PRESS RELEASE - May 28, 2003
SDE Posts Draft Science Standards on Web for Comment
(Santa Fe, NM)— The New Mexico State Department of Education (SDE) today posted a draft version of the revised K-12 Science Content Standards, Benchmarks and Performance Standards on its web site and announced that it will accept public comment on the proposed standards from Tuesday, May 27, through Thursday, July 3, 2003. The standards are available on the SDE’s Curriculum, Instruction and Learning Technologies (CILT) Unit web site at www.ped.state.nm.us/cilt.
“The standards are intended to articulate what students should know and be able to do at each grade level, K-12. They are not curriculum but expectations for learning,” said Sharon Dogruel, the SDE’s CILT program manager. “Public feedback is important to ensure that the revised science standards are of the highest quality.”
The web posting includes an online public comment form. Questions regarding the draft standards can be addressed to Dogruel at email@example.com.
At the request of the New Mexico State Board of Education (SBE), writing teams of K-12 educators and higher education faculty began developing the revised draft standards in 2002. They address three specific learning strands: scientific thinking and inquiry, content of science and science and society.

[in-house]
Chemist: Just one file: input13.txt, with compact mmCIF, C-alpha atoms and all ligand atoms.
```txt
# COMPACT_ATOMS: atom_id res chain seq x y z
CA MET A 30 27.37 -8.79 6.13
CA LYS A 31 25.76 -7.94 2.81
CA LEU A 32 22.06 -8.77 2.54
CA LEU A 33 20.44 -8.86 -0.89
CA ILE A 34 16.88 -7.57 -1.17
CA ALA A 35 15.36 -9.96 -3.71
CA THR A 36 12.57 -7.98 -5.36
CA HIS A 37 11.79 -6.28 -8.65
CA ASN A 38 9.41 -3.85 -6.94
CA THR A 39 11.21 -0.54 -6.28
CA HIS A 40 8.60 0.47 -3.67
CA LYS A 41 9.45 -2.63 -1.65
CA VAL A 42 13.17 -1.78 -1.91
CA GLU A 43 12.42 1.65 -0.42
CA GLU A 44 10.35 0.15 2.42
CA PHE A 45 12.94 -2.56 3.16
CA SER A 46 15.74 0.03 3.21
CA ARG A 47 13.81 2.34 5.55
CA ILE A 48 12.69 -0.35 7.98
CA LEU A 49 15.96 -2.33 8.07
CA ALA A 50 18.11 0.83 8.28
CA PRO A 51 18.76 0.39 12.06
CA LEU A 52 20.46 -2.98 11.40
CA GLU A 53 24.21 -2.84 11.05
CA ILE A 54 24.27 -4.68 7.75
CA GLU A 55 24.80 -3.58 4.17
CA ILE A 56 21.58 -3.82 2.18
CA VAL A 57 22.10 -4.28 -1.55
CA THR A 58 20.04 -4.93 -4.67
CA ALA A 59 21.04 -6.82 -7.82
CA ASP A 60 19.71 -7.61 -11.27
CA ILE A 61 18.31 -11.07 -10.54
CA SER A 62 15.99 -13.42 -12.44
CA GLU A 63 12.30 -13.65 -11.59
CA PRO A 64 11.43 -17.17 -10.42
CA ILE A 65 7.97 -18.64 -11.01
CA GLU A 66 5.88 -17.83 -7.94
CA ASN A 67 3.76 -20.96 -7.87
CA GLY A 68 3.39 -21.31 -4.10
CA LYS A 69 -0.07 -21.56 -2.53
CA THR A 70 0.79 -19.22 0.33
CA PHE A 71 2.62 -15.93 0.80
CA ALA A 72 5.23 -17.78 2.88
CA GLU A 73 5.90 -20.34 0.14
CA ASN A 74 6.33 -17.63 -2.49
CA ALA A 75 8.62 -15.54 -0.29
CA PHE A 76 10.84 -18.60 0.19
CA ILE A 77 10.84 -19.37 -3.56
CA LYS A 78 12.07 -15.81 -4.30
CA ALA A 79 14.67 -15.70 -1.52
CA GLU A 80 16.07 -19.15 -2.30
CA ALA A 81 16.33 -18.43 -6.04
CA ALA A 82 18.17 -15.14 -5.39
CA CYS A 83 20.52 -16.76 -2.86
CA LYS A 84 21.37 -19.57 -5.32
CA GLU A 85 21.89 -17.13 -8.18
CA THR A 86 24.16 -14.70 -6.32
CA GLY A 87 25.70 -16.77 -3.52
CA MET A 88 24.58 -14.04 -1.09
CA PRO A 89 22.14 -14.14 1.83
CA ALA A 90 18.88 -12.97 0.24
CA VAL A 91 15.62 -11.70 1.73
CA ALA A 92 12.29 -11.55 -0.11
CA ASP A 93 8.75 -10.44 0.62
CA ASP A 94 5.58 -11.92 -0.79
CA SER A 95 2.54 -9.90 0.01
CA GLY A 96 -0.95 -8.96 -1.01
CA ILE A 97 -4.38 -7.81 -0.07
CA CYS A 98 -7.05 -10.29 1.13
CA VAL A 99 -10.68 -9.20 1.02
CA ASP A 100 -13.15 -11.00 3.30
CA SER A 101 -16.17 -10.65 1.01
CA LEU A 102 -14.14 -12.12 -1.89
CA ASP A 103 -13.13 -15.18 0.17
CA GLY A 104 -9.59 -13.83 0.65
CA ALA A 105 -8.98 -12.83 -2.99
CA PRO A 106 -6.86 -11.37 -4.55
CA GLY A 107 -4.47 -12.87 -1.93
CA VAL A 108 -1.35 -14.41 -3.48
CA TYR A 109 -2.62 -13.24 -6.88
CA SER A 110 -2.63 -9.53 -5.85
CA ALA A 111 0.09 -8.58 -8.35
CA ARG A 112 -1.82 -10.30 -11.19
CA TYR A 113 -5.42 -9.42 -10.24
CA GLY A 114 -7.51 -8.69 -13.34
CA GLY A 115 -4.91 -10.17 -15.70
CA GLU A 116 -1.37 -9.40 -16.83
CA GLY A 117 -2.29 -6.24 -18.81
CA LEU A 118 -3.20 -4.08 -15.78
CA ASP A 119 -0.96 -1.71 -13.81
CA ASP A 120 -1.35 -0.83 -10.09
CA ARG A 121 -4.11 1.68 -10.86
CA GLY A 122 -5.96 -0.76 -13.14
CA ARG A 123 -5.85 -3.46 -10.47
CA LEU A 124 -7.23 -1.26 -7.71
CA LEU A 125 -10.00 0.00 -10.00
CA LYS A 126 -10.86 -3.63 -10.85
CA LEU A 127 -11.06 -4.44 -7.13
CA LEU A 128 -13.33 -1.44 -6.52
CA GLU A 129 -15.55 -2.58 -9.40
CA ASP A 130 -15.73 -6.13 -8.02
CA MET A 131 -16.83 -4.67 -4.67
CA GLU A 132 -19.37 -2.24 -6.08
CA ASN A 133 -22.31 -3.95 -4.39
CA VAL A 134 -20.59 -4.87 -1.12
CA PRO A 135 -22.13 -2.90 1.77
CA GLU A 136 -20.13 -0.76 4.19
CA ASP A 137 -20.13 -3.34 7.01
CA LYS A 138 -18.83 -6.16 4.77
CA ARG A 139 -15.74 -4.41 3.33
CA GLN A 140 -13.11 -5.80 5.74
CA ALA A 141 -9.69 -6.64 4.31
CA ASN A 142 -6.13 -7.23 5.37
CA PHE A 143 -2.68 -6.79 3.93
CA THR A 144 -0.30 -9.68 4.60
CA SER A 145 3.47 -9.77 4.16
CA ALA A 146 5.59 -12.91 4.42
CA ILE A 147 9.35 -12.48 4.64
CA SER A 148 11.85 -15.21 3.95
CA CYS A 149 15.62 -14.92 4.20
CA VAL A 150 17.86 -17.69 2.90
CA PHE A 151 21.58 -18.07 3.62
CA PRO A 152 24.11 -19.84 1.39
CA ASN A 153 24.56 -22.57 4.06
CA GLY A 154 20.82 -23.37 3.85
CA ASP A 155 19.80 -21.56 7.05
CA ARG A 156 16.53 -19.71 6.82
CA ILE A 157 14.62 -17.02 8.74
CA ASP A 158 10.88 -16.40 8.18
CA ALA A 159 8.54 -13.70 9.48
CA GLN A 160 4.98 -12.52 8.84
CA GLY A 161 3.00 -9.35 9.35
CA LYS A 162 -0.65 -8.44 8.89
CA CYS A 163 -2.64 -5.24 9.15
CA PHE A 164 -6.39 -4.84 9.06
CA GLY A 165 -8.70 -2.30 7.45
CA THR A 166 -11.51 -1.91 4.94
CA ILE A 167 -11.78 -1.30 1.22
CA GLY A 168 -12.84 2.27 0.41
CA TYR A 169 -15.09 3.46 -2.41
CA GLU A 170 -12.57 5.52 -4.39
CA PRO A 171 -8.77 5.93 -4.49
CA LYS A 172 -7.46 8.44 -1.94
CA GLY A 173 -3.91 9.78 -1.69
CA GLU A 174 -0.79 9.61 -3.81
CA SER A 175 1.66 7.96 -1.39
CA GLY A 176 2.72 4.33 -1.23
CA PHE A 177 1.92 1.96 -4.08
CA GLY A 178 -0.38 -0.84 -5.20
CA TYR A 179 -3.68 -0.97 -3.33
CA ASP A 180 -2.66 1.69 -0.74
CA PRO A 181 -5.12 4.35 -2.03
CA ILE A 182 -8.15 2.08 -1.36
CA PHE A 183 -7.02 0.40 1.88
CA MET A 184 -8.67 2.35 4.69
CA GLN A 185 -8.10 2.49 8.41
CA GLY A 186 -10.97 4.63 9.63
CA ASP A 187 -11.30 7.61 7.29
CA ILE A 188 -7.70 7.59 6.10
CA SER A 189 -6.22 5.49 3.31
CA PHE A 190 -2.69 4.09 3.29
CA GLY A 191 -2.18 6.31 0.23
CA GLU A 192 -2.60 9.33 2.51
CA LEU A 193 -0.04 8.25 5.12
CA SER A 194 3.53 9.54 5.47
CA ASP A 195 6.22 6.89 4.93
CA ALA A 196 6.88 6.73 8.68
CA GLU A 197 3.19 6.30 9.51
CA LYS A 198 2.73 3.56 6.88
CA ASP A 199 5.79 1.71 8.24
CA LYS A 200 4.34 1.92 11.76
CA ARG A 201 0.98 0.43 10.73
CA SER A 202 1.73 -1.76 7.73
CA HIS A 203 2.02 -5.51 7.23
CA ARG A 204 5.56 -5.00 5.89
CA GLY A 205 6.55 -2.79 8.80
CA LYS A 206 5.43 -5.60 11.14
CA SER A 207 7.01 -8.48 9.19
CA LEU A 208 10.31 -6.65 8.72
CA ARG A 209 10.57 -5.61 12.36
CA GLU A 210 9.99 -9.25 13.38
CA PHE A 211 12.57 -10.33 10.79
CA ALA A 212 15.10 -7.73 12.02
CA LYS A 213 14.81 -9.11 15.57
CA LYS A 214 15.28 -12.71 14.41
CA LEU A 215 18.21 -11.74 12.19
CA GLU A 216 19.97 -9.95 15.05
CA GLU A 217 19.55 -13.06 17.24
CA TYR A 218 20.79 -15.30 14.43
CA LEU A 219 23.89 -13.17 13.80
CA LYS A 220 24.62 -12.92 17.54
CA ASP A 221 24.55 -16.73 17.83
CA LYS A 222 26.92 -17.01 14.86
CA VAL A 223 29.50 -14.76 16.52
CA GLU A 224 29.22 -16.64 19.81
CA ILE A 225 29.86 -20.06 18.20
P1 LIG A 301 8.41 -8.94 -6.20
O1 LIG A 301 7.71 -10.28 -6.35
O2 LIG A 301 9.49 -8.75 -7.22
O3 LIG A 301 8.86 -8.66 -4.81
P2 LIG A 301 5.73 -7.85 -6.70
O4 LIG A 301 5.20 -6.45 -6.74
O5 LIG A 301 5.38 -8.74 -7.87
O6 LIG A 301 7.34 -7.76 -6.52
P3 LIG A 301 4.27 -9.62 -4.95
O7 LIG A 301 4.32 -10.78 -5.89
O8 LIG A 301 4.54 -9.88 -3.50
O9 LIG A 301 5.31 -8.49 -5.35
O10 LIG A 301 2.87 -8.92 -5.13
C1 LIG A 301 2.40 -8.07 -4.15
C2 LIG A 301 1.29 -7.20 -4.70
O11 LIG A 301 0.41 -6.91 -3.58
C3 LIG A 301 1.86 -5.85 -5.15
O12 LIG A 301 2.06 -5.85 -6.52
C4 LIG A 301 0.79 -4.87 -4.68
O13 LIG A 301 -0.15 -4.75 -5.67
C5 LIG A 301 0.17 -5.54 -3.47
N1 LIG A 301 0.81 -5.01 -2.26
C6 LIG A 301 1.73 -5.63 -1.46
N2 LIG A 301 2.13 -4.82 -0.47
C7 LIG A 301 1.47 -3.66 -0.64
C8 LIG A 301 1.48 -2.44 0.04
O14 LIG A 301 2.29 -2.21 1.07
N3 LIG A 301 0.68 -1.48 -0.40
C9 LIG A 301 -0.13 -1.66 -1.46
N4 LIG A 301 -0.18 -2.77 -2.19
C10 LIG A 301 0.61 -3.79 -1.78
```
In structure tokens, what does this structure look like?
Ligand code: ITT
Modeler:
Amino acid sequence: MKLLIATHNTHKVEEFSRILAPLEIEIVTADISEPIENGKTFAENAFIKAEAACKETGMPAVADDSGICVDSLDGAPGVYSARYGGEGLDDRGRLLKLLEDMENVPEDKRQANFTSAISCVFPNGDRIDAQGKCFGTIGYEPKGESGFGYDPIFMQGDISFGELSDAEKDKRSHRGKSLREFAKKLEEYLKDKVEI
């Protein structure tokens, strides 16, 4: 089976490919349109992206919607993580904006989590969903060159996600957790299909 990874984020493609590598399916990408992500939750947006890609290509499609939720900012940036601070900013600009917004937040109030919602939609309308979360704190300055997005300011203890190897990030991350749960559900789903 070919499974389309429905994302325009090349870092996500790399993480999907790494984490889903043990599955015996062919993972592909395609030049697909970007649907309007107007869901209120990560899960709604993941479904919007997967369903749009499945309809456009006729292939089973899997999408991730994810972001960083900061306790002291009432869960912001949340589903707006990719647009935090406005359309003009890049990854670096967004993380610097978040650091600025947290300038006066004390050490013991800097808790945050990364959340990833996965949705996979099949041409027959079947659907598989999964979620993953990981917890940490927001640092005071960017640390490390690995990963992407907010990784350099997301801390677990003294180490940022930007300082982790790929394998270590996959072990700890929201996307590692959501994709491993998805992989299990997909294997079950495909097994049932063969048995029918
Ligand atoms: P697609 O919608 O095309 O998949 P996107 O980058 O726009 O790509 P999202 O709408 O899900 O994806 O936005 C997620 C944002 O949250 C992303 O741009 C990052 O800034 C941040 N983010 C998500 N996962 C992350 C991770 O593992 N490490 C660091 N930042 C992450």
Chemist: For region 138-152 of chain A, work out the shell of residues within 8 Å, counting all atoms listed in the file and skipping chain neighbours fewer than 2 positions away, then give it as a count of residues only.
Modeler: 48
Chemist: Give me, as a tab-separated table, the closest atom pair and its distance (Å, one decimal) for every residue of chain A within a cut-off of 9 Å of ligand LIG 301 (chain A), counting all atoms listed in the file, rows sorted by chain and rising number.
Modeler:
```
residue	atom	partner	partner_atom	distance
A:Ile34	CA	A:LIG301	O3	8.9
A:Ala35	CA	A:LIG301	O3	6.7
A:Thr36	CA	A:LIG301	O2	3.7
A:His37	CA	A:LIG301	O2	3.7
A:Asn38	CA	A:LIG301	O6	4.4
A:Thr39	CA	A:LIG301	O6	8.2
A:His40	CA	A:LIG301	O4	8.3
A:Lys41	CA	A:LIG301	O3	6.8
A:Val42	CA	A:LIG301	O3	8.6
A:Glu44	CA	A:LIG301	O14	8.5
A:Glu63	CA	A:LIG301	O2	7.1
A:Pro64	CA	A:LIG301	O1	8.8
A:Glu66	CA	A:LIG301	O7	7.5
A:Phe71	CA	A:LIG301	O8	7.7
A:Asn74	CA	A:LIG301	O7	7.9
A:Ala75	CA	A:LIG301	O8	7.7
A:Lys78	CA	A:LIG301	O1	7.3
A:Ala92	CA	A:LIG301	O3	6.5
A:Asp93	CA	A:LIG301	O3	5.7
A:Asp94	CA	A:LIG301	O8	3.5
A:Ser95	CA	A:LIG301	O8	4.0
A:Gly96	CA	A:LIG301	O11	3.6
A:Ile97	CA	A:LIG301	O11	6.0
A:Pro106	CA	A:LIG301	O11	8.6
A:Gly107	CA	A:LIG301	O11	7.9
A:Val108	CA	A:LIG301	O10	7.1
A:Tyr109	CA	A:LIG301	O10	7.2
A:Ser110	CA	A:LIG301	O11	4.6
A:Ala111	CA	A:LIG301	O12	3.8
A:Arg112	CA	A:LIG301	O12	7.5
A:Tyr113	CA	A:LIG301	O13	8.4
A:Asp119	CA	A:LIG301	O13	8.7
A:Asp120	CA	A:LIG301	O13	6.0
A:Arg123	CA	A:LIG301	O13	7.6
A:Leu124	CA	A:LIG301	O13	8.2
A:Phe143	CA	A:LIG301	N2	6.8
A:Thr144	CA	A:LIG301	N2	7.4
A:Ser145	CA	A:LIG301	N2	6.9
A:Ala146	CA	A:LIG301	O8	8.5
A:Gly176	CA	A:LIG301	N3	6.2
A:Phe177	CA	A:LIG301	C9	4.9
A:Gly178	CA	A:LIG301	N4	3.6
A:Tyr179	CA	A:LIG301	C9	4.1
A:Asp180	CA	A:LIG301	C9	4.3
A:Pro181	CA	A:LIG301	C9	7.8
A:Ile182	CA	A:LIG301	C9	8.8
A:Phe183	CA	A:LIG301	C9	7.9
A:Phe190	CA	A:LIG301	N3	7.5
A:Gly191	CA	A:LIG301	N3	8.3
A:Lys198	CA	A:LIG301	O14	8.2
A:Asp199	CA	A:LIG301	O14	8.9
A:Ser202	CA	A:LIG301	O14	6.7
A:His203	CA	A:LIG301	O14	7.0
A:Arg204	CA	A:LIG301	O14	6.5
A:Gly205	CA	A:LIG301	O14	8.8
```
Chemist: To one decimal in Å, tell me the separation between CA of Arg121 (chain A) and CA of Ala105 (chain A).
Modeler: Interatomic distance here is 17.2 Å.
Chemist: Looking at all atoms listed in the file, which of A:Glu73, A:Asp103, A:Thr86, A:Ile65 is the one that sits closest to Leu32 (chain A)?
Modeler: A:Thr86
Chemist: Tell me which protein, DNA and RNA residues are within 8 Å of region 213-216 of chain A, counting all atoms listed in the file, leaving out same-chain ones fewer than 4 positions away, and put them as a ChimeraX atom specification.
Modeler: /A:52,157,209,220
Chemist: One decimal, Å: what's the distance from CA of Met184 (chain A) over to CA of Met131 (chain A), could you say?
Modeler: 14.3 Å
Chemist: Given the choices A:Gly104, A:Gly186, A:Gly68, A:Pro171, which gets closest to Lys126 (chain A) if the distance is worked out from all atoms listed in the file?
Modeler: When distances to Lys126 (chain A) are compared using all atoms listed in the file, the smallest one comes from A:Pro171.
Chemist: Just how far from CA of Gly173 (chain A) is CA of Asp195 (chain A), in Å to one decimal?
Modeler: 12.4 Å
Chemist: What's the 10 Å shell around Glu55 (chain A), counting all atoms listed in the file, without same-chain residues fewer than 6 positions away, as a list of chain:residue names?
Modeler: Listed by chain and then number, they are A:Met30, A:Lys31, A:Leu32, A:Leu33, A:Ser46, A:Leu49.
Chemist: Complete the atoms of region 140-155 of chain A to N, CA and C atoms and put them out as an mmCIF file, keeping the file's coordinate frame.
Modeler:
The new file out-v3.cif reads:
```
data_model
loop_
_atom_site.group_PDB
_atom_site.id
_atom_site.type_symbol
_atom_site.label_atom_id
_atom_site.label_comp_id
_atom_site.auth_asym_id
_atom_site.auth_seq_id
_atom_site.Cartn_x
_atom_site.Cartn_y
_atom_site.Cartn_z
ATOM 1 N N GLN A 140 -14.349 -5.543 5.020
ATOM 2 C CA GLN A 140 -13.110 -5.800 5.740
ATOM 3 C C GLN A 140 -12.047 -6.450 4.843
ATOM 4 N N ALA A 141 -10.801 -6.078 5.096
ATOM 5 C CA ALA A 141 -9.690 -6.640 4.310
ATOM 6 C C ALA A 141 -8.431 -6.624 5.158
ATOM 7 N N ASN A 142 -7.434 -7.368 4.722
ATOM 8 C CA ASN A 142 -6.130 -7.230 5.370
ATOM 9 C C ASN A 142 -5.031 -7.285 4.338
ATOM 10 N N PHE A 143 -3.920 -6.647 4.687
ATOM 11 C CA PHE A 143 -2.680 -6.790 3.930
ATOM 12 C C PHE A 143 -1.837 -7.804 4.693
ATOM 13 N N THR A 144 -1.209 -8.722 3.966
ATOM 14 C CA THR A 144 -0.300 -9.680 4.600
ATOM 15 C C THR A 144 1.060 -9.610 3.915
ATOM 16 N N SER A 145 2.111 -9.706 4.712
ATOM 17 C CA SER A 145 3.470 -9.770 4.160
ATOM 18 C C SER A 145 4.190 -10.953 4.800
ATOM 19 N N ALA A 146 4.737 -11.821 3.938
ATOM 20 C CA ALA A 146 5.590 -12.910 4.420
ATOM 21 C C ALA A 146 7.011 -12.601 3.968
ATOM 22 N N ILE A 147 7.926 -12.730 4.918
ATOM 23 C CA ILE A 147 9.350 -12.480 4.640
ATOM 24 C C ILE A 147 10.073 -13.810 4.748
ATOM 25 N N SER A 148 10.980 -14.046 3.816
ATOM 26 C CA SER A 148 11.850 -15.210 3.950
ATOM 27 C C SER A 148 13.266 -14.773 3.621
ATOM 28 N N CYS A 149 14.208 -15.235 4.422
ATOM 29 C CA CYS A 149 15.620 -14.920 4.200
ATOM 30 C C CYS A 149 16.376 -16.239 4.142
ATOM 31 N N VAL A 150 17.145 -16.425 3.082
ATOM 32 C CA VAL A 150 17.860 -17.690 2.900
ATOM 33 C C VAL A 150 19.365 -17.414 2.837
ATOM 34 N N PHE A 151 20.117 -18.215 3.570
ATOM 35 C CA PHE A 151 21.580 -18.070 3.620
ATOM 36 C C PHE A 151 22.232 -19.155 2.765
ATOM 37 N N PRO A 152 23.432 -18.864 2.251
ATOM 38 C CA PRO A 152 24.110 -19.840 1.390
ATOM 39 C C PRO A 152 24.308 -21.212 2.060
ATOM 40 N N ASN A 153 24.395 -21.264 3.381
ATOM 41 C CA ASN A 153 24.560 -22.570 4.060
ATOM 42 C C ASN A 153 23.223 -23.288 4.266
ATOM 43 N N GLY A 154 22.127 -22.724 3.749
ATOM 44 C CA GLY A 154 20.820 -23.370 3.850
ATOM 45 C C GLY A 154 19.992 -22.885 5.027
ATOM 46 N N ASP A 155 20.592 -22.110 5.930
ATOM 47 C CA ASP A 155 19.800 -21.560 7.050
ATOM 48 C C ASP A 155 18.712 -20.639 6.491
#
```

The SDE held a community review on April 16, 2003, to solicit input on whether essential content and skills were articulated throughout the standards.
The SBE will consider the final draft of the science standards at its August 2003 regular meeting in Santa Fe. Once approved, the standards will remain in place for six years. School district curriculum must be aligned with the standards within two years after adoption.
“Science is one of the four core academic areas essential for
student achievement and success. In addition to the standards, there
is much on the horizon in the area of science,” Dogruel said.
The SBE will adopt new science textbooks in 2005. As a result, new science
materials will be in classrooms in 2006. By the 2005-2006 school year,
three units of science will be required for high school graduation,
per HB 212, passed by the Legislature and signed by Governor Bill Richardson
this year. And by 2006, the state will have developed a criterion-referenced
test for science